reporting that information. To the adapted subject, the world appears
the right way up, and his performance on a range of spatial tasks suggests
that his adaptation is not simply visual but proprioceptive, intentional
(in the sense of concerning the agent™s intentions), and motoric as well.
What has adapted is the whole subject, or at least cognitive systems that
cut across the perception-action divide of traditional views of perception.
One conclusion that Dretske draws in his argument for global exter-
nalism can be expressed by saying that visual experience is metaphysically
determined in part by the thoughts and language that we use to describe
it. We can draw a similar moral from left-right inversion cases: that visual
experience itself is metaphysically determined in part by what one does.
More speci¬cally, visual experience lies in the coordination and integra-
tion of visual “input” and behavioral “output,” in the exploitation of visual
information for the direction of behavior.
Hurley also considers a variation on the actual experiment that places
the subject in “Mirror Earth,” an environment in which there are left-
right reversals that are, in turn, reversed by the left-right inverting lenses.
This scenario parallels Ned Block™s “Inverted Earth” thought experiment,
which Block uses to challenge externalist, particularly representationalist,
views of the nature of consciousness. What is distinctive about the Mirror
Earth thought experiment that Hurley offers is that, as with the left-right
inversion experiments, it involves a “where” rather than a “what” system.
As such, this Mirror Earth case allows “ indeed, requires “ the subject™s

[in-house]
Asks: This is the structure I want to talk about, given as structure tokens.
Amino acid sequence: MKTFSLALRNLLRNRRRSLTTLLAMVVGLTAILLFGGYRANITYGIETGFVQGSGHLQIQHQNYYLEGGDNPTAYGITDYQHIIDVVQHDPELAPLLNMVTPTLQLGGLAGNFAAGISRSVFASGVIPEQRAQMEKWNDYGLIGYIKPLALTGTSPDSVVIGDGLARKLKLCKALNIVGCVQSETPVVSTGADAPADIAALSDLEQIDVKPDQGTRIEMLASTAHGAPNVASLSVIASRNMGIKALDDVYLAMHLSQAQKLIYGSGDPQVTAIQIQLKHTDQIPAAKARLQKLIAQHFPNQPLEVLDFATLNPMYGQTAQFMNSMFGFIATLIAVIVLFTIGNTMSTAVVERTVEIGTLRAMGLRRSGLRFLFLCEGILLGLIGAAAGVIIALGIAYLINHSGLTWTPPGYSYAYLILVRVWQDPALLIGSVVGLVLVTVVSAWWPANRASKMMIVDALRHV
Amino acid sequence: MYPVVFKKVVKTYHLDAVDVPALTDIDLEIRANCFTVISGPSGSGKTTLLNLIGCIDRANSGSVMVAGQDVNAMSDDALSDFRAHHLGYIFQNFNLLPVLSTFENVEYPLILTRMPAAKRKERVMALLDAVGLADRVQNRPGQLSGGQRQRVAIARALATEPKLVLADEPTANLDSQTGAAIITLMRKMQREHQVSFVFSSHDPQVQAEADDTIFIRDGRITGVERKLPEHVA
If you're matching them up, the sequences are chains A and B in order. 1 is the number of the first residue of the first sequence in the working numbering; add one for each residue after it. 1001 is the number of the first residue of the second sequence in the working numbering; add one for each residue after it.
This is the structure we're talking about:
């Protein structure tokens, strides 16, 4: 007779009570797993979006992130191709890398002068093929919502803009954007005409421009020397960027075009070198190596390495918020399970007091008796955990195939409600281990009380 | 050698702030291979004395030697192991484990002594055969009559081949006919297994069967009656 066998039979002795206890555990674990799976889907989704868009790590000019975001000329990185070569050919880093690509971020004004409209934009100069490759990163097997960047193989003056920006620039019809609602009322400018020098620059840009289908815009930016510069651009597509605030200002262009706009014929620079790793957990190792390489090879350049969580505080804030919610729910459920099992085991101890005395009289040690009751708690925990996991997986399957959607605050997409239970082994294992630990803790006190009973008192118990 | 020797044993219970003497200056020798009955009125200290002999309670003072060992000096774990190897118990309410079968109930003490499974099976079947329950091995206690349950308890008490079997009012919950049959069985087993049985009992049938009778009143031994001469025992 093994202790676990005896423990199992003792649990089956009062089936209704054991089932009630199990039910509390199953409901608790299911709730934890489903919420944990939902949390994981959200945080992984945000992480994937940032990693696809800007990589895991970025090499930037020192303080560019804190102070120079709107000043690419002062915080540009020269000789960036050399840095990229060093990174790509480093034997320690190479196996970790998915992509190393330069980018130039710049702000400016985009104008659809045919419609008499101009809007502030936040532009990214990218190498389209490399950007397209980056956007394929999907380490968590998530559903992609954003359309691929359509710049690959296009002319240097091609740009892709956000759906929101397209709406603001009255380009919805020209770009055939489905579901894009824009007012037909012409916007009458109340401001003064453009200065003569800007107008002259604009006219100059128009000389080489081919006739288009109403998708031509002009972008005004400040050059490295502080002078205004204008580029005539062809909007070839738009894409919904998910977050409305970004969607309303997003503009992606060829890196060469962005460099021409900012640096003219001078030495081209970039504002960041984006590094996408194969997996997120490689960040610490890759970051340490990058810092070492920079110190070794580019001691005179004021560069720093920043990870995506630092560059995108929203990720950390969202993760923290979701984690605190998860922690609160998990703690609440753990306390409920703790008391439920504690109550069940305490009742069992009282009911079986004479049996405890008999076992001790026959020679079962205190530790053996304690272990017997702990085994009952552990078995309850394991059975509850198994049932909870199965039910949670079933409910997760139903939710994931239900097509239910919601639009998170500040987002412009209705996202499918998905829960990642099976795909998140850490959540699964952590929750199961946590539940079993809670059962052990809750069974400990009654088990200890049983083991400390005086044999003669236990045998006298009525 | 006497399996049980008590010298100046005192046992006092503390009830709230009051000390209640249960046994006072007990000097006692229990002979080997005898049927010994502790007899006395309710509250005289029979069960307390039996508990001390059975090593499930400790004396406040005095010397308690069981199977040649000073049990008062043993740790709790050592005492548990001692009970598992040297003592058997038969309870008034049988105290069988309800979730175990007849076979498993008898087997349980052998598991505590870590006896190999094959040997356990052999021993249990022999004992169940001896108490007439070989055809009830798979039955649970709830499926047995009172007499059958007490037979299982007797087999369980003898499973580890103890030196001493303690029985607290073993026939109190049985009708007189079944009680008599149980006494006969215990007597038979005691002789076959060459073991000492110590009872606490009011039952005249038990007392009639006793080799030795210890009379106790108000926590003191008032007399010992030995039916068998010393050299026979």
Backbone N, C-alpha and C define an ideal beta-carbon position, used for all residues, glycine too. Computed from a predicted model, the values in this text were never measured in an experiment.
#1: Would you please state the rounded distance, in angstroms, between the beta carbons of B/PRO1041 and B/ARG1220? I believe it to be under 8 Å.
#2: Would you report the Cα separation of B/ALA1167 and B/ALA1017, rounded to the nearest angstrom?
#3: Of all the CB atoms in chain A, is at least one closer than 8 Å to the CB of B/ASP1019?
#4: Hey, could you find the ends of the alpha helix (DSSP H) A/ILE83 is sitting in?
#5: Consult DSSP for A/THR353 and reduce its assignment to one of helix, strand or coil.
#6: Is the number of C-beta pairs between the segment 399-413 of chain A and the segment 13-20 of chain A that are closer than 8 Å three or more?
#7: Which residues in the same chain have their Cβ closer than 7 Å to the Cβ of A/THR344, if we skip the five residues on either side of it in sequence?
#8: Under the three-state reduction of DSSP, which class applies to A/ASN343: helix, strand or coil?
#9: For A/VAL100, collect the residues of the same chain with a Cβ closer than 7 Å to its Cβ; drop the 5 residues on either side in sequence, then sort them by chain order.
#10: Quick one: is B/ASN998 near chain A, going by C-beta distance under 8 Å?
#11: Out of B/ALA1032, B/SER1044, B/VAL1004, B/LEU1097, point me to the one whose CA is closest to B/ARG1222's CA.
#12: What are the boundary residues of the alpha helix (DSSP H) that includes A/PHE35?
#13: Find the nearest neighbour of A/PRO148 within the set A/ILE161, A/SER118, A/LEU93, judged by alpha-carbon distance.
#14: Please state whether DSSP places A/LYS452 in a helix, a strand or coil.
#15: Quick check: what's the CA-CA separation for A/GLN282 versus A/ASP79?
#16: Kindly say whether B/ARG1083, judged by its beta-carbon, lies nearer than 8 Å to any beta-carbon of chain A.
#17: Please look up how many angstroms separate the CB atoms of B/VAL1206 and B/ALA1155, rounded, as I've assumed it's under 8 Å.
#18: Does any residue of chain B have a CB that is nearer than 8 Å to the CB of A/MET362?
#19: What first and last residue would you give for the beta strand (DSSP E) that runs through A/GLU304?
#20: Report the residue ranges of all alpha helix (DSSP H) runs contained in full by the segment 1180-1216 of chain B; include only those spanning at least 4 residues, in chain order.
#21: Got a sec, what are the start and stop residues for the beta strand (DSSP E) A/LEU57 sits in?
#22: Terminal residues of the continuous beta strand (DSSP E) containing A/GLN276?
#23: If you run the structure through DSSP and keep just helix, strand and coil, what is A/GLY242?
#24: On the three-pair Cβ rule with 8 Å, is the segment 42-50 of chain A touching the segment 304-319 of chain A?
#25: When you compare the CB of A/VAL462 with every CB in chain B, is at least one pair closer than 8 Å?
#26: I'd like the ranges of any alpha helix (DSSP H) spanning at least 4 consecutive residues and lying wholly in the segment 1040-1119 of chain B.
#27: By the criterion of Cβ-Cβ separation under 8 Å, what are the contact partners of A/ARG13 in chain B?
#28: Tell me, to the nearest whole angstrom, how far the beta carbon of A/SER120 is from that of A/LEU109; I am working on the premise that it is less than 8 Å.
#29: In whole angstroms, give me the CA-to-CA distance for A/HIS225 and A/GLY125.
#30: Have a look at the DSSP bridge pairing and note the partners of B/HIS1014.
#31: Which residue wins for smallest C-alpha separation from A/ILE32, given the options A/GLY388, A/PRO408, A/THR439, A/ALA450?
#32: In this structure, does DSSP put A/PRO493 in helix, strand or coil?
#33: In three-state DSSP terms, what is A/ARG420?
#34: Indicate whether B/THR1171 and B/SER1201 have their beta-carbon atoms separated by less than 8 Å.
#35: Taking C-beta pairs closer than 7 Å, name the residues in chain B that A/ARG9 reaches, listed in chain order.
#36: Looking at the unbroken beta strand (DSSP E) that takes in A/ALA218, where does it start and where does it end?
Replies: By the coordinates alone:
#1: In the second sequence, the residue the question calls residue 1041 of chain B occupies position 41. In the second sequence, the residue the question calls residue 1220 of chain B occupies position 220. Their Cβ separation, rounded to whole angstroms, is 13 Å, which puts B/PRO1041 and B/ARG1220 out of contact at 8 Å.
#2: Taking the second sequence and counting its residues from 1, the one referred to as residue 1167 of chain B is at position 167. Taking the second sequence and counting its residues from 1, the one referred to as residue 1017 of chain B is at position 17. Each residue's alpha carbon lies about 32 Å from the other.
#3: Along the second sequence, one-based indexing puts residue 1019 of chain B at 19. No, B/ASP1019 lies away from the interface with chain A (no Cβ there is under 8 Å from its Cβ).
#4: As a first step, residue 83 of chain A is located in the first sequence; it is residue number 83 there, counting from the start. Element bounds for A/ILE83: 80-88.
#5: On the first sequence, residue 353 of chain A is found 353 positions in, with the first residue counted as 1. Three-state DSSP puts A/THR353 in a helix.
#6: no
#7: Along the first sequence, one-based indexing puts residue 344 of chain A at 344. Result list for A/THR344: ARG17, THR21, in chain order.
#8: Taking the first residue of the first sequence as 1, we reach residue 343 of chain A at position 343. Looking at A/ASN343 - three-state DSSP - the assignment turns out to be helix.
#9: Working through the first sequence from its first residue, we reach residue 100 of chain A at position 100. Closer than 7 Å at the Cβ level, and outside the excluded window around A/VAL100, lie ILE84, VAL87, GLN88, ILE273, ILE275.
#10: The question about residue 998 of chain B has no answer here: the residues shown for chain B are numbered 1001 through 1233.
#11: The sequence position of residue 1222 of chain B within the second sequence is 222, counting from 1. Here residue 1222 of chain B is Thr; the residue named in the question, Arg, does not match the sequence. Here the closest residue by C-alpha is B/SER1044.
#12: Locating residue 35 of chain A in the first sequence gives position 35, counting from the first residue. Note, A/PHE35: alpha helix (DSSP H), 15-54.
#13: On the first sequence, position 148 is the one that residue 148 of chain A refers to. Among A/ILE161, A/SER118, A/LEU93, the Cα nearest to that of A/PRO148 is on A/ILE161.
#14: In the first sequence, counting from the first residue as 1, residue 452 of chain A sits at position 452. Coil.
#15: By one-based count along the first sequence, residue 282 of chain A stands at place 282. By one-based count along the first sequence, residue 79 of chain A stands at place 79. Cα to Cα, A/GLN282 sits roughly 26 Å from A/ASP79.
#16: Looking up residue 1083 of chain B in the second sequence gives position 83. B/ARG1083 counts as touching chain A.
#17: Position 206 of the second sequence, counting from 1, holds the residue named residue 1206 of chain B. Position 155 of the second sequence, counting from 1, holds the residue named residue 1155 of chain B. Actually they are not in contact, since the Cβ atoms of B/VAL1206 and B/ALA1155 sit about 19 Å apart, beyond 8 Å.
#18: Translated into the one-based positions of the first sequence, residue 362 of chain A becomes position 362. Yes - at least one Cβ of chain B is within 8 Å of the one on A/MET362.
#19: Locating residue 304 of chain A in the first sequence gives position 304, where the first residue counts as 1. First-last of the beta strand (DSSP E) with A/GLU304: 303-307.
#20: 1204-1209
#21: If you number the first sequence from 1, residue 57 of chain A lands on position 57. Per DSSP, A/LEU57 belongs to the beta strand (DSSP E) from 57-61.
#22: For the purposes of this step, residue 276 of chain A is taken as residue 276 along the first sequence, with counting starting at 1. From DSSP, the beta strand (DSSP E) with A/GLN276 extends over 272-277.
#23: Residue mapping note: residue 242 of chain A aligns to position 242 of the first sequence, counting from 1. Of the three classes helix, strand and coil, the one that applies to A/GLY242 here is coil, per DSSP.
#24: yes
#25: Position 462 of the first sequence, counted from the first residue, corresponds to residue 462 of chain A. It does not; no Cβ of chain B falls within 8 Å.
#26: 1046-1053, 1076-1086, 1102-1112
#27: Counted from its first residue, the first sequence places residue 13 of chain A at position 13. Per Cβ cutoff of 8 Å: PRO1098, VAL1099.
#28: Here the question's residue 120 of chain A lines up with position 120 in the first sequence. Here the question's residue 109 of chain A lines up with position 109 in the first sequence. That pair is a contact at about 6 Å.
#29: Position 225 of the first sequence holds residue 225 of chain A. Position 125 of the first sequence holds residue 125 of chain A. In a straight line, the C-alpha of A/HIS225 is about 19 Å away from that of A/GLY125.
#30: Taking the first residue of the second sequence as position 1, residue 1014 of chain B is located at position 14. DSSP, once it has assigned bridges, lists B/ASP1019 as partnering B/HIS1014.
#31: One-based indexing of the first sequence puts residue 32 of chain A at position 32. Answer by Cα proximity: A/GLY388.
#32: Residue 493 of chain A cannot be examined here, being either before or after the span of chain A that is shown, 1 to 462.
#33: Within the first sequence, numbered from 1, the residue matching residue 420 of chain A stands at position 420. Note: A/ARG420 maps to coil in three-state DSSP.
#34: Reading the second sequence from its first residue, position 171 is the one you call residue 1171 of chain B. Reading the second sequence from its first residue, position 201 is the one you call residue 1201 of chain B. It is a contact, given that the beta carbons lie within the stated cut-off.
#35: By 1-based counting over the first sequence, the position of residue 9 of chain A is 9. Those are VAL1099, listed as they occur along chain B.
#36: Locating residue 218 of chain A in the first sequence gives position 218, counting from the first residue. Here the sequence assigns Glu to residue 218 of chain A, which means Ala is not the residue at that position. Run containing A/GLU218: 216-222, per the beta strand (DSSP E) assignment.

exploration and manipulation of things in his environment. Since the
inverting lenses correct only for the worldly inversion as it is perceived
visually, further inversions are required if the subjects are to remain in
the same internal states through their respective explorations of their
environments. As Hurley points out, unlike the case of Inverted Earth,
Thinking Through and Beyond the Body
238

which involves color inversion, this case of Mirror Earth requires that
motor output and proprioceptive feedback be systematically inverted in
order to have a case in which we have two individuals identical in their
intrinsic, physical properties.18
Part of Hurley™s point in considering the dynamic Mirror Earth variant
on the actual left-right inversion experiments is that it is in fact very
dif¬cult to satisfy the assumption that an individual on Mirror Earth can
be a duplicate of an individual on Earth, since the requisite inversions in
the dynamic case seem to require changes in the subject himself. It is with
this Mirror Earth case in mind that I want to turn to some broader issues
about consciousness and philosophical methodology in the next section.


7 individualistic residues
Both the sensorimotor contingency theory and the dynamic cycles con-